Mountains of Food. Piles of Plastic. A Princeton senior documents a culture of leftovers

student sitting on steps
Posted on February 1, 2018

by Jared Flesher

While on campus, Patrick Rooney ‘18 thinks of himself as a sort of hunter-gatherer. He belongs to no eating club, subscribes to no dining plan. Rather, he explains, “I frequent the freefood listserv.”

As do 2,804 other members of the Princeton community, Rooney receives an email notification every time free food goes up for grabs. This bounty is often the leftovers from catered events, seminars, and conferences—and it’s an extremely common occurrence. On most days, the listserv details multiple scavenging opportunities. Typical posts describe “a large tray of chicken stir fry in Holder Kitchen,” “Turkish food in Wilson Commons,” and “Nutella pizza, cheesecake and cannoli in Whitman Common Room.”

dessert leftovers Dessert leftovers advertised on the FreeFood Listserv

When Rooney gets hungry, he simply starts checking his phone and then turns his bike toward the nearest food drop. During his travels around campus, he’s come to a fairly straightforward conclusion: “There’s always too much food.” He’s been amazed to find towering stacks of pizza boxes filled with uneaten slices, and disheartened by the deluge of disposable plastic clamshells that inevitably get thrown away after each catered event.

food leftovers More food leftovers. Photo from the freeload listserv.

As a visual arts student with an interest in journalism and storytelling, Rooney began to consider whether his foraging experiences might yield an interesting independent project. So in September, at the encouragement of professor Eve Aschheim, he began taking photos of the leftover food platters from which he’s been snacking. He also began to encourage users of the freefood listserv to post more food photos of their own. The idea caught on, and ever since Rooney has been collecting and cataloging images of uneaten food, with the goal to create a visual record from a full academic year.

Once the project is complete, Rooney hopes to create a giant collage of the most striking images and display it at a prominent place on campus. In the meantime, he’s gained a small but growing reputation as ‘that guy’ collecting food waste photos. He’s been invited to participate in no less than three on-campus conferences this year that touch on sustainability issues, including the Princeton Studies Food Conference in February.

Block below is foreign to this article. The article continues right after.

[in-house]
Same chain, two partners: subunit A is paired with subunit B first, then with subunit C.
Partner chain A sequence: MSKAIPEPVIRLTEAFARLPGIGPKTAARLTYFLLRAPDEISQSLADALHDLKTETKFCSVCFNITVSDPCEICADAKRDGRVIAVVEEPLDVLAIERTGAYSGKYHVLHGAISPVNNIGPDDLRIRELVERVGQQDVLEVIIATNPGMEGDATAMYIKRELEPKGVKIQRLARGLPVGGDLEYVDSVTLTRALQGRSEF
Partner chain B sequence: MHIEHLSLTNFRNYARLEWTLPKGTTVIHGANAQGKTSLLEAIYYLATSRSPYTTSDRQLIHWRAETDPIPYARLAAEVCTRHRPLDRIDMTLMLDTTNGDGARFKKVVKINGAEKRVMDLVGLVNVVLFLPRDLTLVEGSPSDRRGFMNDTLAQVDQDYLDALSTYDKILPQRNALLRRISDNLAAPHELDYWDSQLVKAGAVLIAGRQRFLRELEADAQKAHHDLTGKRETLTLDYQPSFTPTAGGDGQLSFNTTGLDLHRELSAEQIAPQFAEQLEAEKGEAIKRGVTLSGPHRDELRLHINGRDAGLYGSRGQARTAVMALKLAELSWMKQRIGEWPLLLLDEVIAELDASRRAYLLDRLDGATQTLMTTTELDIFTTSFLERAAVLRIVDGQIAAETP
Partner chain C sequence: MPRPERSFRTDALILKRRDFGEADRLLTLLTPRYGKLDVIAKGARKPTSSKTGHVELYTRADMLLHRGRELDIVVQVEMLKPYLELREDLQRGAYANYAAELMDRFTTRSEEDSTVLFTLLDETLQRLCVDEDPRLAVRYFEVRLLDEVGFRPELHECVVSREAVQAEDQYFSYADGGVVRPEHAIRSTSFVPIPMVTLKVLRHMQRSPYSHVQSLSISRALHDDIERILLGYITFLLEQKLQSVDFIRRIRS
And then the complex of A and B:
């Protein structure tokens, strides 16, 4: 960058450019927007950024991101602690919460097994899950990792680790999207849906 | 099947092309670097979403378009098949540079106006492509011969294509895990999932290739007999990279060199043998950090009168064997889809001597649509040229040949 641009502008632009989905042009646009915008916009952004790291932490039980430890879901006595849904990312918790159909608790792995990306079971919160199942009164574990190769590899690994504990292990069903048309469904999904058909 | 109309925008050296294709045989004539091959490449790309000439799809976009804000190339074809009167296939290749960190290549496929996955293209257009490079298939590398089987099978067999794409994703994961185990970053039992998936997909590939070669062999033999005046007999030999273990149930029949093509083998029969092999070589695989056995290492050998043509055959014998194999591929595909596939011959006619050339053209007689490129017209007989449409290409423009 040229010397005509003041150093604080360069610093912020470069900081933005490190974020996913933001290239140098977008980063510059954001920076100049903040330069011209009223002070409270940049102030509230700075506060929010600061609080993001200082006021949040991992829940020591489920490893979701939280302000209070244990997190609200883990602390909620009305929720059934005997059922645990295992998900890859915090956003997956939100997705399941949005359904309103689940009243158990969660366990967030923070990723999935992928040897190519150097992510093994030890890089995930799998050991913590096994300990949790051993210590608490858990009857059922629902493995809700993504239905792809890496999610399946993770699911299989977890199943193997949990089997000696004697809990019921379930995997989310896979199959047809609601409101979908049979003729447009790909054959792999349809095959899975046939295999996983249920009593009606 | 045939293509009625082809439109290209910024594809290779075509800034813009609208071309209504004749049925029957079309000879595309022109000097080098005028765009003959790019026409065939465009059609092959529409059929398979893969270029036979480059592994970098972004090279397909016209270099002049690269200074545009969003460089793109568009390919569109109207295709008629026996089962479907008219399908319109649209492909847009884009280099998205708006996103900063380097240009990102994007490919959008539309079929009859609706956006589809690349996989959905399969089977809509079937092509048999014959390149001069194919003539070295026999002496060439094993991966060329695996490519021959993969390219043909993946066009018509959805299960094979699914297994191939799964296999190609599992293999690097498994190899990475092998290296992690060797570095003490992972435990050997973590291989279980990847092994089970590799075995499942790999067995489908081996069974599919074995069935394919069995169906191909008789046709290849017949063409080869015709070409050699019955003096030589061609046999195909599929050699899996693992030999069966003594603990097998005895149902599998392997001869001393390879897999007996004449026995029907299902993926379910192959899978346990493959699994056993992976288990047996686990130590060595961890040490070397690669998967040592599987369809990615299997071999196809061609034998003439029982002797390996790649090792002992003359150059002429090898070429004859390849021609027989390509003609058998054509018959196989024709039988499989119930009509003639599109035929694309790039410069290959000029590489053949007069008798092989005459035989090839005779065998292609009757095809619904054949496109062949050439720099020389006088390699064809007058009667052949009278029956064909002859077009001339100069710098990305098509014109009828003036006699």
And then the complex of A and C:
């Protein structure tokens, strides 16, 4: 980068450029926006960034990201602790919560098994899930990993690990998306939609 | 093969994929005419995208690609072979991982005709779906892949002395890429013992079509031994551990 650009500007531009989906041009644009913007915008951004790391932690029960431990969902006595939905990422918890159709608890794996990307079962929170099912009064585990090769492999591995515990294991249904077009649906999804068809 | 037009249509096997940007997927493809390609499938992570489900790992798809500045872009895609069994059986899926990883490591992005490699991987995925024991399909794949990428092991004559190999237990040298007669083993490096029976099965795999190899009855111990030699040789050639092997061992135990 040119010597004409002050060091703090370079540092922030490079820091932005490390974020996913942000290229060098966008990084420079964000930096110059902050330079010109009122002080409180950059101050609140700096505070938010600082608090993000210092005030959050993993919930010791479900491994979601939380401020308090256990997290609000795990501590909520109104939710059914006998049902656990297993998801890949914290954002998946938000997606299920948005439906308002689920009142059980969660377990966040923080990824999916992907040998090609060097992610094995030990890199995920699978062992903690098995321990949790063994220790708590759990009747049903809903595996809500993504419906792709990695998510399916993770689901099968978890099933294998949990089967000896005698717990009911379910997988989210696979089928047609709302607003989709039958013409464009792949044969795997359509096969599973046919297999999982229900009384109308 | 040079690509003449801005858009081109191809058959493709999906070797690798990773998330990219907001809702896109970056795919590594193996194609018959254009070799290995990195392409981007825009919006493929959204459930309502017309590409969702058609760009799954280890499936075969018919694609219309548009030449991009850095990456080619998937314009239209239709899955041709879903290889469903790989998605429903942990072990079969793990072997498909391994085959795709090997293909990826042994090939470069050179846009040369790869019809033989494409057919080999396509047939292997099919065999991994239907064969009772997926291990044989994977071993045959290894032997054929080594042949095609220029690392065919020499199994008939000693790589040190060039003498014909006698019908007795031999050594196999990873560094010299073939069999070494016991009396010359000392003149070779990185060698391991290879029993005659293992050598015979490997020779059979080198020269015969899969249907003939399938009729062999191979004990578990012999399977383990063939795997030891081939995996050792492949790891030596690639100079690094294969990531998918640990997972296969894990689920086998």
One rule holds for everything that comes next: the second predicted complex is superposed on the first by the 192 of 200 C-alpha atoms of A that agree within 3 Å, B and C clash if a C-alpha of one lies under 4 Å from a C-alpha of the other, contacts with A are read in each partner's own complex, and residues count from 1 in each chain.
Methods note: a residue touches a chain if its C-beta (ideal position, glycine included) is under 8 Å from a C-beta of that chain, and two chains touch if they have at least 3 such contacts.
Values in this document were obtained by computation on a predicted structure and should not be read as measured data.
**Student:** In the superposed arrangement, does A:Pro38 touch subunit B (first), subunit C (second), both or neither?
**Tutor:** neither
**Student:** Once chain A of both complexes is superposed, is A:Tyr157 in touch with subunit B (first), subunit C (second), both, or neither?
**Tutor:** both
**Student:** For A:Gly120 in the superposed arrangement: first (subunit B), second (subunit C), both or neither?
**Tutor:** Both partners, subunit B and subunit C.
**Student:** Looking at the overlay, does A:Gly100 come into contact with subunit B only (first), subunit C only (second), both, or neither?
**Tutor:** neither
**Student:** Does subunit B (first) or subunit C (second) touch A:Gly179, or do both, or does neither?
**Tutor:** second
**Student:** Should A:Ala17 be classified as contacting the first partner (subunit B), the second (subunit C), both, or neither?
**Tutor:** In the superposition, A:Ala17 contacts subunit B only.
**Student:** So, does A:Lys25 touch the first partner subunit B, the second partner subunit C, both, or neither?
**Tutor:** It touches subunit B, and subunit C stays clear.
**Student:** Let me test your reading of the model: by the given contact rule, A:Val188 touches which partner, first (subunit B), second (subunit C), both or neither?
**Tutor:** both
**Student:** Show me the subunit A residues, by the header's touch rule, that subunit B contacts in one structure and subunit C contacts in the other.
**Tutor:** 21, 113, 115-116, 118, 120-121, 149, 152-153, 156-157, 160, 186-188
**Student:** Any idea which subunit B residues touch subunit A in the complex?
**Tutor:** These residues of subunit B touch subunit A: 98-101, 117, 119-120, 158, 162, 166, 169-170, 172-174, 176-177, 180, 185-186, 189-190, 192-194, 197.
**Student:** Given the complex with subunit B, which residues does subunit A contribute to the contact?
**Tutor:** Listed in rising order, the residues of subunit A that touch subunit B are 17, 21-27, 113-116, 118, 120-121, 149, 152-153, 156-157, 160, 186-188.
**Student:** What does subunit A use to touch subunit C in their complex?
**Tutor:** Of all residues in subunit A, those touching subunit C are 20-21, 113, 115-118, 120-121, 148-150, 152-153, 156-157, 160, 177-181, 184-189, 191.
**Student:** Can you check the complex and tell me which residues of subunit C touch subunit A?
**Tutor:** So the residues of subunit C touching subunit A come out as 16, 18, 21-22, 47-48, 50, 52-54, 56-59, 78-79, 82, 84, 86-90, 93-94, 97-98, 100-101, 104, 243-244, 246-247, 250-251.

pizza boxes Leftover pizza. Photo from the freeload listserv.

Rooney is not the first Princeton student to notice the ocean of uneaten food and plastic packaging floating around campus. Part of his inspiration for the project came from a November 2016 essay in The Daily Princetonian by undergraduate Kyle Berlin ‘18. In it, Berlin grapples with the paradoxes of the sustainable food seminar that wastes food, the environmental conference that flies in presenters from across the globe, and the fancy charitable dinner that spends more on catering expenses than it donates to charity.

The University has also noticed—and begun to react. Last fall, Campus Dining began donating uneaten food from several campus dining halls to a non-profit that distributes it to people in need. And University Catering also sends its uneaten food to be composted rather than to a landfill.

But that’s not to say the problem is solved. Food left out at events can’t be donated due to food safety requirements. Many conferences and seminars are catered by off-campus services that still use heaps of disposable plastic. And even the most thoughtful event hosts generally default to making sure there’s more than enough food for all their guests. This seems to be both good hospitality—and a culturally entrenched source of the problem.

food leftovers

As for Rooney, he hopes his photo project will not only raise awareness about wastefulness, but also prompt more University organizations to action—as a start, he’d like to see groups take the simple step of serving a more moderate amount of food at events. That’s because, despite the freefood listserv, he still sees a “grotesque” amount of perfectly good food going into the trash. “People don’t always come and take it,” he says. “And if it’s not taken within a certain amount of time, a lot of departments will just throw the food out.”

Is your department interested in hosting events on campus that waste less and recycle more? Please visit our Green Your Event page for ideas.